Today, 31 March, is International Transgender Day of Visibility, a day that is vital to raising awareness of trans struggles and celebrating trans lives. This post will highlight transgender histories it is possible to find in a government archive, in an attempt to increase the visibility of gender identity in the past, as well as the present day.
In this post I will use the term trans as an umbrella term to cover a range of identities including transgender, transsexual and non-binary gender identities. I will particularly be using this terminology as it is impossible to know how people in the past would have chosen to identify their gender. Our collection covers 1000 years, and times before current terminology existed and before the visibility of other people defying the binary.
While the history of gender identity has traditionally been included in LGBT history it has gained less attention. If lesbian, gay and bisexual history is conventionally seen as a ‘hidden history’, the history of trans identifying individuals is even more outside of mainstream historical narratives. And yet there have always been people living and experiencing gender variation.
While this is still a growing field of research the state has always been interested in that which was seen to be outside of the ‘norm’, from individuals cross dressing to those seen to be questioning state institutions such as marriage.
It’s not fair to read contemporary identities into the past, in times before current understanding of gender and current terminology existed. However, it is possible to recognise people who chose to question gender norms, or actively lived their lives as a different gender to the one they were assigned at birth. Ideally we would be able to ask people in the past how they identified; what pronouns they would prefer?
One of the earliest examples of gender nonconformity in our collection is the calling card and letters written by Chevalier d’Eon (1728 – 1810). D’Eon was a French diplomat, spy and soldier who fought in the Seven Years’ War in the 18th century. Due to their interaction with government there are multiple items in our collection in relation d’Eon.
This particular letter comments that d’Eon is to be introduced to the King and Queen in women’s clothes (SP 78/304/4). D’Eon lived as a man in France, but was later banished to England on the condition they lived as a woman.
We have these records not because of their gender identity but because of d’Eon’s role working as a diplomat.
The 20th century
Alternatively there is Colonel Barker, known at various times under alternative names. Barker lived their early life as a woman. Indeed this is where our records first pick them up, under the name L S Valerie Arkell-Smith in the early days of the Women’s Royal Air force (AIR 80/224/66).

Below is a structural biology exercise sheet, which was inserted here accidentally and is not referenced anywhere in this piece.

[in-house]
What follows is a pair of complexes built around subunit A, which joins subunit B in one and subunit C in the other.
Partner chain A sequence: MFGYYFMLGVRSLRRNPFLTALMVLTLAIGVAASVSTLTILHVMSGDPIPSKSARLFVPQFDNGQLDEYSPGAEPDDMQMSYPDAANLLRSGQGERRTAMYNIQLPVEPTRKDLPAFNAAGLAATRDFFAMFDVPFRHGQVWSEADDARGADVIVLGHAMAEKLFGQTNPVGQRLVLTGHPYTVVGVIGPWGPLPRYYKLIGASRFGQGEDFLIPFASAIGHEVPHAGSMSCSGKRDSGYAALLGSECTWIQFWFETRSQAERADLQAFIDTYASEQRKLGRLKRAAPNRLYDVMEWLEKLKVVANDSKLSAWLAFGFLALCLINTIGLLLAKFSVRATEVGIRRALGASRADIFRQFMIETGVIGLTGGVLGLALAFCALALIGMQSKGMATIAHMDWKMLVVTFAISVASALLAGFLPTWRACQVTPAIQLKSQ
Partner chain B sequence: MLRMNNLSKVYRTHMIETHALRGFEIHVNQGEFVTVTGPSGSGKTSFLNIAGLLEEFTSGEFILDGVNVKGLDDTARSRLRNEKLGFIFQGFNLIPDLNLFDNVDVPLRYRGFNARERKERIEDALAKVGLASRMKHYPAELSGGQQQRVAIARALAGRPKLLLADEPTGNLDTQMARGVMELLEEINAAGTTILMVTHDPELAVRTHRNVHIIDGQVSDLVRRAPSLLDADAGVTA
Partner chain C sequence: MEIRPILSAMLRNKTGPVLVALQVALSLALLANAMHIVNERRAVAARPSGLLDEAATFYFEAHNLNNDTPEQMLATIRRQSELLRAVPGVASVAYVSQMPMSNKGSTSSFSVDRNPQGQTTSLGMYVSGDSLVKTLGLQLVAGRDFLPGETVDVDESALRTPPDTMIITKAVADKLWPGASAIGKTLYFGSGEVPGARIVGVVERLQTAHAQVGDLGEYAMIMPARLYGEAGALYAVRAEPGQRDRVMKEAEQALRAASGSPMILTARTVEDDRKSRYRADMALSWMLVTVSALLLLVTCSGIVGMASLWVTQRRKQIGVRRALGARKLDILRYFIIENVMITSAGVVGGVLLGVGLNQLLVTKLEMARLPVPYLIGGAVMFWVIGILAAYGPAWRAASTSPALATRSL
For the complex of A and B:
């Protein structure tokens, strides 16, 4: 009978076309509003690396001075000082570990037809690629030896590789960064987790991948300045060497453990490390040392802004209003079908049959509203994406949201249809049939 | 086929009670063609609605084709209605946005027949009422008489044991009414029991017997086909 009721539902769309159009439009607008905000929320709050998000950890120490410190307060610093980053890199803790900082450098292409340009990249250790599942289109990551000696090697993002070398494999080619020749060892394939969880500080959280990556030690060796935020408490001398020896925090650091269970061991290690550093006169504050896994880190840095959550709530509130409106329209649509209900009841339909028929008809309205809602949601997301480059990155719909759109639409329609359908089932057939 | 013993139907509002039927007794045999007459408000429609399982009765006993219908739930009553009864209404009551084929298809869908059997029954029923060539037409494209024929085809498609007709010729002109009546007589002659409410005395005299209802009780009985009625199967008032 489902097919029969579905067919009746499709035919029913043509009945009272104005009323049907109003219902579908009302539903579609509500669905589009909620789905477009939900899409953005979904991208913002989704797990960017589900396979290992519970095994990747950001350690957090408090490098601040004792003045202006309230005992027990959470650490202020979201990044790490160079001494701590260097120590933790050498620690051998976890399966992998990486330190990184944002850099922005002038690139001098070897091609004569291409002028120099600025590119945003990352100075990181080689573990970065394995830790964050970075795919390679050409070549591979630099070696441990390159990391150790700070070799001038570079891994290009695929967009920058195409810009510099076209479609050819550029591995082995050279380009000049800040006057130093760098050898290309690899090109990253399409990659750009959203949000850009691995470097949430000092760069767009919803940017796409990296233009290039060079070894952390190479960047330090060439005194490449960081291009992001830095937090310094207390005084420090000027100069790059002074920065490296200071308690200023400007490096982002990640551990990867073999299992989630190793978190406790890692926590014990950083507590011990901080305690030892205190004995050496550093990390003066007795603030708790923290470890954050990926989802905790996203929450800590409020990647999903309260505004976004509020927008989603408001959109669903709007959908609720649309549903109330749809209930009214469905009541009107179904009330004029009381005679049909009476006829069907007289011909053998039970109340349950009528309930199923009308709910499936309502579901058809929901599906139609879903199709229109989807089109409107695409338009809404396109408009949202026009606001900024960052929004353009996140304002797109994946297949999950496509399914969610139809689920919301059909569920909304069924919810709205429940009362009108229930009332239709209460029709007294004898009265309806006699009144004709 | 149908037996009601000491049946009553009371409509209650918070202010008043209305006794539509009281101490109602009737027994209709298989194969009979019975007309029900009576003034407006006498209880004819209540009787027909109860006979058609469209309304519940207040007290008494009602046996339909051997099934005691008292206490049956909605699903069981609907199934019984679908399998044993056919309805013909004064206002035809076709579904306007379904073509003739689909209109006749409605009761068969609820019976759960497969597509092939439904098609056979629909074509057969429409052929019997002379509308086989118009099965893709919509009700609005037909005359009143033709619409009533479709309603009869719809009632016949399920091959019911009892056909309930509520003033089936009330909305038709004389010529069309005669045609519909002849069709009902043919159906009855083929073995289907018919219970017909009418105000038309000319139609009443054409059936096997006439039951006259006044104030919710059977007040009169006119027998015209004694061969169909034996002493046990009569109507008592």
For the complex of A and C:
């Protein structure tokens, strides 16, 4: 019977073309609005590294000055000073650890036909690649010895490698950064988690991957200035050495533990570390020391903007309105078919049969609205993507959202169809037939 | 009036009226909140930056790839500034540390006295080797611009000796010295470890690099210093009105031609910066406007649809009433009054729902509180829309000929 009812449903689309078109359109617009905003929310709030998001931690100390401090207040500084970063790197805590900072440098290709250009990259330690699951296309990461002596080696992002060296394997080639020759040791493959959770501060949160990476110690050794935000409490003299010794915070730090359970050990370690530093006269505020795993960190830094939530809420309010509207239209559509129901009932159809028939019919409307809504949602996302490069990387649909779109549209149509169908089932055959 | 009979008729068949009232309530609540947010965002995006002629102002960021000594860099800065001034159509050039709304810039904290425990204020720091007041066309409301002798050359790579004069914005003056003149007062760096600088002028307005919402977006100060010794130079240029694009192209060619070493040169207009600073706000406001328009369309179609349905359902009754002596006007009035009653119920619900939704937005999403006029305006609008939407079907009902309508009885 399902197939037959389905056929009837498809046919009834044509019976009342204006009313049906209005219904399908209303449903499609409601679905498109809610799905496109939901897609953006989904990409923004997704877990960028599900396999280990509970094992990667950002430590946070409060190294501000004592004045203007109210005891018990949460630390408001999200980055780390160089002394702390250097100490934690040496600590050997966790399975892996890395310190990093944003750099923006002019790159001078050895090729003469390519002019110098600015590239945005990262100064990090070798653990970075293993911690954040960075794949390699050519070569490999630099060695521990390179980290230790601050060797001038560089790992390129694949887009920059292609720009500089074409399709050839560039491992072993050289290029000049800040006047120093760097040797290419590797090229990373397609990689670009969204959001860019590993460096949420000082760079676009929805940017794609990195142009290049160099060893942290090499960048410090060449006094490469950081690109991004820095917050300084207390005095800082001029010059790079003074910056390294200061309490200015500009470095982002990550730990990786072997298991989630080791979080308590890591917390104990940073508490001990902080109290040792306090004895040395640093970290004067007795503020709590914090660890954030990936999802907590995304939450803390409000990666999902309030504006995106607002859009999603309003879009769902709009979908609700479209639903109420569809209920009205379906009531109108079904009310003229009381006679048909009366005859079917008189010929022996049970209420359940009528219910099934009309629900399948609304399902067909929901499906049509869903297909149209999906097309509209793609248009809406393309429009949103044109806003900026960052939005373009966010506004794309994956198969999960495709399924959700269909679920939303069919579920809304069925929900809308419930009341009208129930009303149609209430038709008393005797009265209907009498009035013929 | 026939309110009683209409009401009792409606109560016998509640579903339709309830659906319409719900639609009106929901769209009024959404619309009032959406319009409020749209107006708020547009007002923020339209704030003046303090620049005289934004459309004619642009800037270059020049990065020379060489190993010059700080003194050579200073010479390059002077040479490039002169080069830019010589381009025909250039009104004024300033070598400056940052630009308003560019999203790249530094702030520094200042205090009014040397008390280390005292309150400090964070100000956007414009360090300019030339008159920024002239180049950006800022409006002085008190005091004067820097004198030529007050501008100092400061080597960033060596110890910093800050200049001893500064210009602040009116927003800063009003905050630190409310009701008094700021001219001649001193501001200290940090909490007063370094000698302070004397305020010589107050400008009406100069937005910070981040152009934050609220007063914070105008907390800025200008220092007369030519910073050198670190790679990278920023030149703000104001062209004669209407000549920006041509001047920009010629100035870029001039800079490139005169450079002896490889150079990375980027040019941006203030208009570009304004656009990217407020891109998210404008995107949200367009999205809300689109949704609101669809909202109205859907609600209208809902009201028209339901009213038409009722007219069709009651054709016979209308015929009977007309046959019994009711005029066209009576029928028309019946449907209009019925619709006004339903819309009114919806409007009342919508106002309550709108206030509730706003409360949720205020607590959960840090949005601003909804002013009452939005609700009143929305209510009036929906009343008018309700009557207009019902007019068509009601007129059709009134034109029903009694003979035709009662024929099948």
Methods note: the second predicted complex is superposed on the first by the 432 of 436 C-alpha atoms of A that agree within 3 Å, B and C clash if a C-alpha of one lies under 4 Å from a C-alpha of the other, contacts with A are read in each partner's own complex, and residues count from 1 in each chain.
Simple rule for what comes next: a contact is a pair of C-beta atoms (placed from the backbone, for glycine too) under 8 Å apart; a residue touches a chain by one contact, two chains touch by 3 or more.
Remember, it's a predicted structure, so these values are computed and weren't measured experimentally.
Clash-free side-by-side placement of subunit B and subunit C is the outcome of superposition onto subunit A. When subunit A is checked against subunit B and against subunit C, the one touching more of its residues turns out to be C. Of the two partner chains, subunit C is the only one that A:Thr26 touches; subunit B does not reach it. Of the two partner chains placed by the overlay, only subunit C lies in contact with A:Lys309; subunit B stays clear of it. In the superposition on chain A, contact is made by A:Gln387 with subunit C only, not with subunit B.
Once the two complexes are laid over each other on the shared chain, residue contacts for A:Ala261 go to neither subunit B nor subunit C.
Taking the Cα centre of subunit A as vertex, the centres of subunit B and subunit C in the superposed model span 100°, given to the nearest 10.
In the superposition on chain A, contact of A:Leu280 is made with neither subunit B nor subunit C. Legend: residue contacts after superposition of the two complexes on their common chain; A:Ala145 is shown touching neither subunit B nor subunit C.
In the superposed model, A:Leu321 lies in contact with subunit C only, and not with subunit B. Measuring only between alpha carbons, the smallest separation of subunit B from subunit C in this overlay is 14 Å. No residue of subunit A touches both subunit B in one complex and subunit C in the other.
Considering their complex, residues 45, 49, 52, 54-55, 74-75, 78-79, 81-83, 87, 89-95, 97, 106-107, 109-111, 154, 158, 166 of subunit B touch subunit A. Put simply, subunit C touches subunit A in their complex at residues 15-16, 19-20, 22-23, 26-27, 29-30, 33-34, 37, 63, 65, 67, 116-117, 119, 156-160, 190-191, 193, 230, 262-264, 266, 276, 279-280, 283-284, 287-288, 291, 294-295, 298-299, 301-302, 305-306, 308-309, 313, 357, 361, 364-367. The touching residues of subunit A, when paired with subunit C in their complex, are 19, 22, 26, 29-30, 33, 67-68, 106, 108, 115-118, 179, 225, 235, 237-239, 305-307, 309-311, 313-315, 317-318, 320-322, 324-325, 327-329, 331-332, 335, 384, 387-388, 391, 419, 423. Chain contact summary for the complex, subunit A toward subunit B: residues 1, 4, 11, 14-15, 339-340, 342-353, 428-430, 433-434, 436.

However by 1923 they were living as a man, and married their female partner Miss Elfreda Emma Haward at Brighton on 14 Nov 1923. The records relating to the illegality of the marriage can be found in state records. The Metropolitan Police saw this as a woman marrying another women and therefore determined it was a false entry in the marriage register by Barker (MEPO 3/439).
Furthermore Barker was arrested and put in male prison for bankruptcy, only to be moved to a female prison on investigation. Again this is a source of interest for the authorities, who saw it as a female masquerading as a male prisoner.
While numerous documents pick up on masquerading, alone it was not deemed a criminal offence. It is due to Barker’s other interactions with the law that their gender nonconformity was challenged.
More recently, state policy has been influenced by the concepts of gender changing, with pensions and benefits being affected by legal gender reassignment (affecting the age people can claim).
Dr Louise Chambers has researched this topic – you can find her talks on the subject on our website:
- When a woman is not a woman: how the Ministry of Pensions constructed gender in the 1950s
- No (inter)sex please, we’re Olympians
Gender Recognition Act
Much more recently, the Gender Recognition Act 2004 was accessioned to our collections (C 65/7811). This Act of Parliament was monumental in enabling people that identify as trans to change their legal gender. It came after much agitation by trans support groups.
The Act gives trans people legal recognition as members of the sex appropriate to their gender, allowing them to acquire a new birth certificate, affording them full recognition of their acquired sex in law for all purposes.
It can be a difficult area to research, but through using the right key words it is possible to start to reveal a wealth of hidden history. As language has changed different key words are relevant for different periods, from ‘masquerading’ in the early 20th century, ‘hermaphrodite’ (for those born intersex) in the 19th century to ‘sex-change’ in the later 20th century.
For International Transgender Day of Visibility this year it would be great to see this area of research develop and for researchers to share their findings to continue to help develop trans visibility in the past.